# My school seems to mainly teach java

Next semester I plan on taking a comp science class, and my school seems to mainly teach java. I always considered the standard language to be c++, I think it was a few years ago here, but I guess they recently switched over.

My questions are:

Are there any major differences between Java and C++, as in if I was able to program decently in one, would I be ok in the other?

Also, I plan on continuing to use linux. Is this going to create a problem with Java programming?

One more thing. I will be mainly making simple math learning programs (probably with heavy graphics), will this be ok with both? I am guessing yes, maybe one is better than the other? My high school math teacher was really into Java, so I am going to assume that it works well enough for most things.

Thanks.

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chroot
Staff Emeritus
Gold Member
Java is basically a "regularized" C++. It maintains all of the core C++ concepts, but avoids all of the syntactic and debugging nightmares that are inherent in C++. The syntax is similar, but the structure of the language is rather different. I consider them to be closely related languages.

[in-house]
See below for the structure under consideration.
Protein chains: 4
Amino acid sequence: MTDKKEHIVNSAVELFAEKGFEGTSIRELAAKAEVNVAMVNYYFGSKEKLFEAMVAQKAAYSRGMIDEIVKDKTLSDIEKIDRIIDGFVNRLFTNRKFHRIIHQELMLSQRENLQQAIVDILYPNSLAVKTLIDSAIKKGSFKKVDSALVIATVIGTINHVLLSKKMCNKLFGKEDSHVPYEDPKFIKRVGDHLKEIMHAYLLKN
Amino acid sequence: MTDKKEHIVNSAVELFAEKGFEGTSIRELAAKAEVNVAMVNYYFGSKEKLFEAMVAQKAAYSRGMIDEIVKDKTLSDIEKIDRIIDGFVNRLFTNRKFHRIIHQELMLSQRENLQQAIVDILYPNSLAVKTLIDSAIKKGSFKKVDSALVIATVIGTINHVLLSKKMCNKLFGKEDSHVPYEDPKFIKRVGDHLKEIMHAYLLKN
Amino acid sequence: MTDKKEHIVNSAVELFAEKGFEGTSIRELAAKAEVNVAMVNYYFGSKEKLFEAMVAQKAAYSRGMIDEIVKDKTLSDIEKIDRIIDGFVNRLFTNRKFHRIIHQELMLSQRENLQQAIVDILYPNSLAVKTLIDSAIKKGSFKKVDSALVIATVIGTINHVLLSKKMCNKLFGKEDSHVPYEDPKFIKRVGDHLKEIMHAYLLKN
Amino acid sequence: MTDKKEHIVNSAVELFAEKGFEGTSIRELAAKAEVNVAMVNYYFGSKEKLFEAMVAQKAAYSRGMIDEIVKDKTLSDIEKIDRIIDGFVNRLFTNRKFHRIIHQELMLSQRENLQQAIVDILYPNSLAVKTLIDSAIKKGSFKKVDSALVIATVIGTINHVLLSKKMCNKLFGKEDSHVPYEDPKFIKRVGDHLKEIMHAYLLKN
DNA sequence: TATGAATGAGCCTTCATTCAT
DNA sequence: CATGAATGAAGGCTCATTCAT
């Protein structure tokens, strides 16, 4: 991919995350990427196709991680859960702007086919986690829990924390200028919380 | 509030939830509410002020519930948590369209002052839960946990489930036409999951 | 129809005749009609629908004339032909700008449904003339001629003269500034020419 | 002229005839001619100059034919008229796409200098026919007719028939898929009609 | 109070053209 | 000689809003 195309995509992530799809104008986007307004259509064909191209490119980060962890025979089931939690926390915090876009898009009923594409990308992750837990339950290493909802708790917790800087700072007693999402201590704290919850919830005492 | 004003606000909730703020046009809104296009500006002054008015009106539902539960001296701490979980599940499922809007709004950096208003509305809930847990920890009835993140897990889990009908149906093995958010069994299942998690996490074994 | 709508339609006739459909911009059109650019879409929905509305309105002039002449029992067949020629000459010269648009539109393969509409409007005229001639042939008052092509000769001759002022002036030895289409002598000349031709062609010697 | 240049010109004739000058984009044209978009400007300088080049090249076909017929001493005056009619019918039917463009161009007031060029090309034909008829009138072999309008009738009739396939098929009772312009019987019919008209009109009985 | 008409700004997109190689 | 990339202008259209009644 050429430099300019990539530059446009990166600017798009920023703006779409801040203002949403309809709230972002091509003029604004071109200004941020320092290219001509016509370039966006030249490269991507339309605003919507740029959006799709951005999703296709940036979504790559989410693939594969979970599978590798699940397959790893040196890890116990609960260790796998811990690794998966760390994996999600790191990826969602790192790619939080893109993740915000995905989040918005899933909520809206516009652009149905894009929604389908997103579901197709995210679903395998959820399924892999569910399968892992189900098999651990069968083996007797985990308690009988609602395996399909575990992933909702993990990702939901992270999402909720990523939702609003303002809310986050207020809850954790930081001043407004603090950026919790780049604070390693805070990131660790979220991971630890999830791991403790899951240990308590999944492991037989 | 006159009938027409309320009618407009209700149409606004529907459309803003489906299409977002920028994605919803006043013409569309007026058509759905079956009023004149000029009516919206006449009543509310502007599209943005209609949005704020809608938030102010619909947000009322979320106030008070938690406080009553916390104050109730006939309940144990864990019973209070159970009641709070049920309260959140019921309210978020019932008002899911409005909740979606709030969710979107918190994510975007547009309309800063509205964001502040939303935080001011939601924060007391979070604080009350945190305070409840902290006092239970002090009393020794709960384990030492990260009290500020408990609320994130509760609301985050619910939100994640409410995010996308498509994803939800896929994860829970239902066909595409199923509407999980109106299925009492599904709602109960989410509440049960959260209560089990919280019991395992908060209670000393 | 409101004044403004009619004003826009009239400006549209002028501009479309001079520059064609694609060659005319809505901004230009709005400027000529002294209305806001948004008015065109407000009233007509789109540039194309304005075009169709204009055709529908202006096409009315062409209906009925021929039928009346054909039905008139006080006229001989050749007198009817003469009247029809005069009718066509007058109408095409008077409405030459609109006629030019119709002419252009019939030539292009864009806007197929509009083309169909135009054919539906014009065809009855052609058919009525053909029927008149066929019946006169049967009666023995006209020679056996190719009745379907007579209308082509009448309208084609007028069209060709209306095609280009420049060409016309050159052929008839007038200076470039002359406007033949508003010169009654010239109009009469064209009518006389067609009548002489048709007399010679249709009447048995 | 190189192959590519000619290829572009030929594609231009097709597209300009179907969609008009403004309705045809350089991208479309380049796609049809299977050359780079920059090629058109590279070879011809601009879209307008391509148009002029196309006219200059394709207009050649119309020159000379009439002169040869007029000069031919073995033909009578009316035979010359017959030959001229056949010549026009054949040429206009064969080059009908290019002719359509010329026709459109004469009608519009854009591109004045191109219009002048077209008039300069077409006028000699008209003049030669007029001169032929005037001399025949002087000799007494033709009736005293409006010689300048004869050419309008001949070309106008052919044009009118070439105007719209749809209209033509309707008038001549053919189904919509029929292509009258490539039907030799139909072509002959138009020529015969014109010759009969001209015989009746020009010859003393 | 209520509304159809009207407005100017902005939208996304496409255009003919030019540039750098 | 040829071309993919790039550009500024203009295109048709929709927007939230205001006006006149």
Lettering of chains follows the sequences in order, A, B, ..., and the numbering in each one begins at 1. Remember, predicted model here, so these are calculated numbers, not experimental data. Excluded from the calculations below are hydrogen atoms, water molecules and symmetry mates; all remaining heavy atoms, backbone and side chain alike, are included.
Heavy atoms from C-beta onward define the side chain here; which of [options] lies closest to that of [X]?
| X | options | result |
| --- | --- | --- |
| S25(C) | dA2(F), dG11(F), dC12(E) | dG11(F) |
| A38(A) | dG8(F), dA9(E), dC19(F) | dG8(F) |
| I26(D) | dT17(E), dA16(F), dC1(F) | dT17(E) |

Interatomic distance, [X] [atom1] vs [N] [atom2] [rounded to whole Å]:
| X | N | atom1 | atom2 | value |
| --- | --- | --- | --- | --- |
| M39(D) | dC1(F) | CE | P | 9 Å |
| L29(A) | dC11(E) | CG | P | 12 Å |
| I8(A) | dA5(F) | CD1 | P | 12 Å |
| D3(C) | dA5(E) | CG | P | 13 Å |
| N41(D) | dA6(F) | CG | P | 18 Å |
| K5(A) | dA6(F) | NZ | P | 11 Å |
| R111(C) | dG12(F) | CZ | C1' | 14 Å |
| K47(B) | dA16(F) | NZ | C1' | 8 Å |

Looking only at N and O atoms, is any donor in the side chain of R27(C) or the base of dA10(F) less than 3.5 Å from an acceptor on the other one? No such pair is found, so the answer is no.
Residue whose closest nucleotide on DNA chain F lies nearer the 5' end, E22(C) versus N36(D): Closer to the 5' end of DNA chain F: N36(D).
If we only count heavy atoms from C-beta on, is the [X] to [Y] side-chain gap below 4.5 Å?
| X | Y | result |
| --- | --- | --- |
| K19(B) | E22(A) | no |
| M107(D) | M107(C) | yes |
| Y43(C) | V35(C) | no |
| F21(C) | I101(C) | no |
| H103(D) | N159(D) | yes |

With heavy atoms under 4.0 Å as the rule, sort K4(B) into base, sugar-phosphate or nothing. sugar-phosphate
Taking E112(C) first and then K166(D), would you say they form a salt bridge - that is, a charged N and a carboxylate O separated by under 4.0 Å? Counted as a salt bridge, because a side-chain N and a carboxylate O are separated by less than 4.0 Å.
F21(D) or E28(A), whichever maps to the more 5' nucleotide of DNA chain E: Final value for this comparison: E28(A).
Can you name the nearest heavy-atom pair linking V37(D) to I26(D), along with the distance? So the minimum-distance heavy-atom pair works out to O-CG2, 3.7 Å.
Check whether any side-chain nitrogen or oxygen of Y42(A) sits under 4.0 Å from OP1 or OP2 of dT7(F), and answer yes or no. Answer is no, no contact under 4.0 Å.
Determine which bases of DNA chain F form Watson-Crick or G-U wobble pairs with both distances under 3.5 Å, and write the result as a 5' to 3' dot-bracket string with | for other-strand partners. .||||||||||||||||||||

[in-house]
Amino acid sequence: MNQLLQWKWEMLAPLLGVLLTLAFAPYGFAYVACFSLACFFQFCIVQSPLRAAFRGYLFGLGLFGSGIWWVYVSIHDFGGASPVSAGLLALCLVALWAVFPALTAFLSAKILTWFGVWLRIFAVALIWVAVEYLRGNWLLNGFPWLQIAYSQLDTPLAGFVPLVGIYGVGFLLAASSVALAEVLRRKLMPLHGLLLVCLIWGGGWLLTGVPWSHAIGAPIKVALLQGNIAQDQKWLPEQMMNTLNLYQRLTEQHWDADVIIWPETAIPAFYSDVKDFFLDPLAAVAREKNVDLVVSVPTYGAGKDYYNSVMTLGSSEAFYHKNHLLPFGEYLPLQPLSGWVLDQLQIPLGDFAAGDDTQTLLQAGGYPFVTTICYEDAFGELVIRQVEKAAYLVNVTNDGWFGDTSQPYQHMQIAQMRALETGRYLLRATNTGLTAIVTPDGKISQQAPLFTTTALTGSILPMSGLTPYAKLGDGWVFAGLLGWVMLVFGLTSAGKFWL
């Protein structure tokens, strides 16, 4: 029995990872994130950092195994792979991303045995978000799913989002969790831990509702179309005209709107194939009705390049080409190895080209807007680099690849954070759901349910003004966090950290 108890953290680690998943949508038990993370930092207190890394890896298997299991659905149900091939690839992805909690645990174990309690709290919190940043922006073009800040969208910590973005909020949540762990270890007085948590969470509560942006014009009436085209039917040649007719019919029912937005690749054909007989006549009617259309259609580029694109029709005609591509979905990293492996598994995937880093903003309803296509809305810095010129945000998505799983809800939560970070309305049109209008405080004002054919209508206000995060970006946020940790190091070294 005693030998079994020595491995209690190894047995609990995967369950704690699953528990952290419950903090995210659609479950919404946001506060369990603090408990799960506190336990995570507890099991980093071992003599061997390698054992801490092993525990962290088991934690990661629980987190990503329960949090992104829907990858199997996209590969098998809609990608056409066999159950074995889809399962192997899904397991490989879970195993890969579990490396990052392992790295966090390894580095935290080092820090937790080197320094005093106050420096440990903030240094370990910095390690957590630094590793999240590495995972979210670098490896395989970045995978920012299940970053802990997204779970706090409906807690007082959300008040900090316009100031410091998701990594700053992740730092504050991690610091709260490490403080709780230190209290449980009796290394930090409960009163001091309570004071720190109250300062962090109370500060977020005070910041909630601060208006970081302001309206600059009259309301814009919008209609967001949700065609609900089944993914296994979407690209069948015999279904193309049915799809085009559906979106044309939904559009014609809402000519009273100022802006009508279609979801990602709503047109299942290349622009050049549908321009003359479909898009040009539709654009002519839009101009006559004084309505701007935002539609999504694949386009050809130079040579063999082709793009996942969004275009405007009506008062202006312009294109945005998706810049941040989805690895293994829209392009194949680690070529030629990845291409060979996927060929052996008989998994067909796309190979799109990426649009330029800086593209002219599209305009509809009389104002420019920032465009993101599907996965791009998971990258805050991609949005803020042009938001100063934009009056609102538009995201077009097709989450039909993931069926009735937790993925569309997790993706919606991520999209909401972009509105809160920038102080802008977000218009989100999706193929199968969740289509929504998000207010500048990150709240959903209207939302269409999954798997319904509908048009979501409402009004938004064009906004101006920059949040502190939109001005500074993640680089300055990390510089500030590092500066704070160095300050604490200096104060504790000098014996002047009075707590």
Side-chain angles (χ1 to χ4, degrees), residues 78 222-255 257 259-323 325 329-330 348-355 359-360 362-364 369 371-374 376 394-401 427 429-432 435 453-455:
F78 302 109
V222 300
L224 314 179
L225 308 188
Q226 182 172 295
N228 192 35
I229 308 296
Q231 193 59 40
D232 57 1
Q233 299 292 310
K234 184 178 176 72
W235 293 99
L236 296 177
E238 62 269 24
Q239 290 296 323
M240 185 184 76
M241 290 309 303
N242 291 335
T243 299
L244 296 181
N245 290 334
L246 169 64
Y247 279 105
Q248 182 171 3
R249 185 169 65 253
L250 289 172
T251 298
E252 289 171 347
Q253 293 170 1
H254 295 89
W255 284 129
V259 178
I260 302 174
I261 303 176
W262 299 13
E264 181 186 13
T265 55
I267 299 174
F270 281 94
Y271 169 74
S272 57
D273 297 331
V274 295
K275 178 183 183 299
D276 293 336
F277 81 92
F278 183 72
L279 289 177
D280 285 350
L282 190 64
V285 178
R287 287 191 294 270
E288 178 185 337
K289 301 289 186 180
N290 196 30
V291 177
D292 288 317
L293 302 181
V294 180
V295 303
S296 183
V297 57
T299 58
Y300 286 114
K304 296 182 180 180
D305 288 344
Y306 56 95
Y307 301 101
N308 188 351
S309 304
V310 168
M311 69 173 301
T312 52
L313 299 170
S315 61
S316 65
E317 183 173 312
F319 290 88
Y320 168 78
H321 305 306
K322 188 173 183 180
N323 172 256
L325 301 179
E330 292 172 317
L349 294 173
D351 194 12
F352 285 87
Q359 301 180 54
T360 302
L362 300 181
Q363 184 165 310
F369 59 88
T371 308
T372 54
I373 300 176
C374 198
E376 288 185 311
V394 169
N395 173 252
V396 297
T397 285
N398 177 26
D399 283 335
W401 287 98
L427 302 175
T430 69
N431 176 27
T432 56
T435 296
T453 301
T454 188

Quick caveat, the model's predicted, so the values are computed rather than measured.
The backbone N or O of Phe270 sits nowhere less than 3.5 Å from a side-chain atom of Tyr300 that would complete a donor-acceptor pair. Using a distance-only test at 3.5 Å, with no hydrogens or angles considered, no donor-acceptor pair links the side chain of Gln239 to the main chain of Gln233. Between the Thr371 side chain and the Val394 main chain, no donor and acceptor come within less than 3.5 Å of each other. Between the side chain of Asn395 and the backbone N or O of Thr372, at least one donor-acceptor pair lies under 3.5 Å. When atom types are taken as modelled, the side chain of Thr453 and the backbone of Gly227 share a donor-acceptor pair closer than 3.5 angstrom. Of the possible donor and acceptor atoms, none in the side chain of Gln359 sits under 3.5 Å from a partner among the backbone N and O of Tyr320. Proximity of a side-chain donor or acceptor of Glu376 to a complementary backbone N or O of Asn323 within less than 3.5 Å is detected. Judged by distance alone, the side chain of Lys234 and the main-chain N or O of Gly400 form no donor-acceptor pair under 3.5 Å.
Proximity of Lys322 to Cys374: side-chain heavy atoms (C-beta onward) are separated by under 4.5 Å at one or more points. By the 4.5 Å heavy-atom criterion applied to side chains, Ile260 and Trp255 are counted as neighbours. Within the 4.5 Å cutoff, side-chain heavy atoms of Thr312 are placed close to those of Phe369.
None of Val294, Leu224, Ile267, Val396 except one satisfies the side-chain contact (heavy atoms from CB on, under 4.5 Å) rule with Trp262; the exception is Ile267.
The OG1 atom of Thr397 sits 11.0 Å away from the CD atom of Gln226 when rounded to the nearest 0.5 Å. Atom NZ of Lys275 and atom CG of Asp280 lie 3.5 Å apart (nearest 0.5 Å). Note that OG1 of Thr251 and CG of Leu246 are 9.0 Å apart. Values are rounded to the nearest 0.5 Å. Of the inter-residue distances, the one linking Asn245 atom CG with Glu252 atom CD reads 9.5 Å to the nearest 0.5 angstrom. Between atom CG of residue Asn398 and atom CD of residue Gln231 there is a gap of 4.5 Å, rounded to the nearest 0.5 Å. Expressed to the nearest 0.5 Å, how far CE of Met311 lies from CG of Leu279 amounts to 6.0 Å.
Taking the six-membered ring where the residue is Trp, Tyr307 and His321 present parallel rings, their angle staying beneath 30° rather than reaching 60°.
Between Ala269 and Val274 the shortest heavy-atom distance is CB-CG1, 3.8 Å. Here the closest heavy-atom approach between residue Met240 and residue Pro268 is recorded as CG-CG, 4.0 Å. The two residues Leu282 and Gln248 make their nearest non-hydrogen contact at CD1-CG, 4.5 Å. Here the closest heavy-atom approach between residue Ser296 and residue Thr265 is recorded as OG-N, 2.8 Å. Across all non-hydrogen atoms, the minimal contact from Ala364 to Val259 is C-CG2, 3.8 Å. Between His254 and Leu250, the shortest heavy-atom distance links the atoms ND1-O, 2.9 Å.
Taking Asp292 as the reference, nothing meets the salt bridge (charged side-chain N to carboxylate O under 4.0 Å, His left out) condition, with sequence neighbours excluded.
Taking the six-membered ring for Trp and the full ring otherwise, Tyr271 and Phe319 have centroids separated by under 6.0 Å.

Java will run anywhere, including on Linux.

You can do anything in Java, short of writing a device driver perhaps.

- Warren

Thanks, sounds good!

dduardo
Staff Emeritus
Its a shame the college board got rid of the C++ curriculum. I think it is important for students new to programming to understand low level concepts. People are getting too reliant on managed code. I remember the day when you were thrilled to have 16k of memory and wrote highly optimized code.

chroot
Staff Emeritus
Gold Member
Let's not get into a language debate here, dduardo.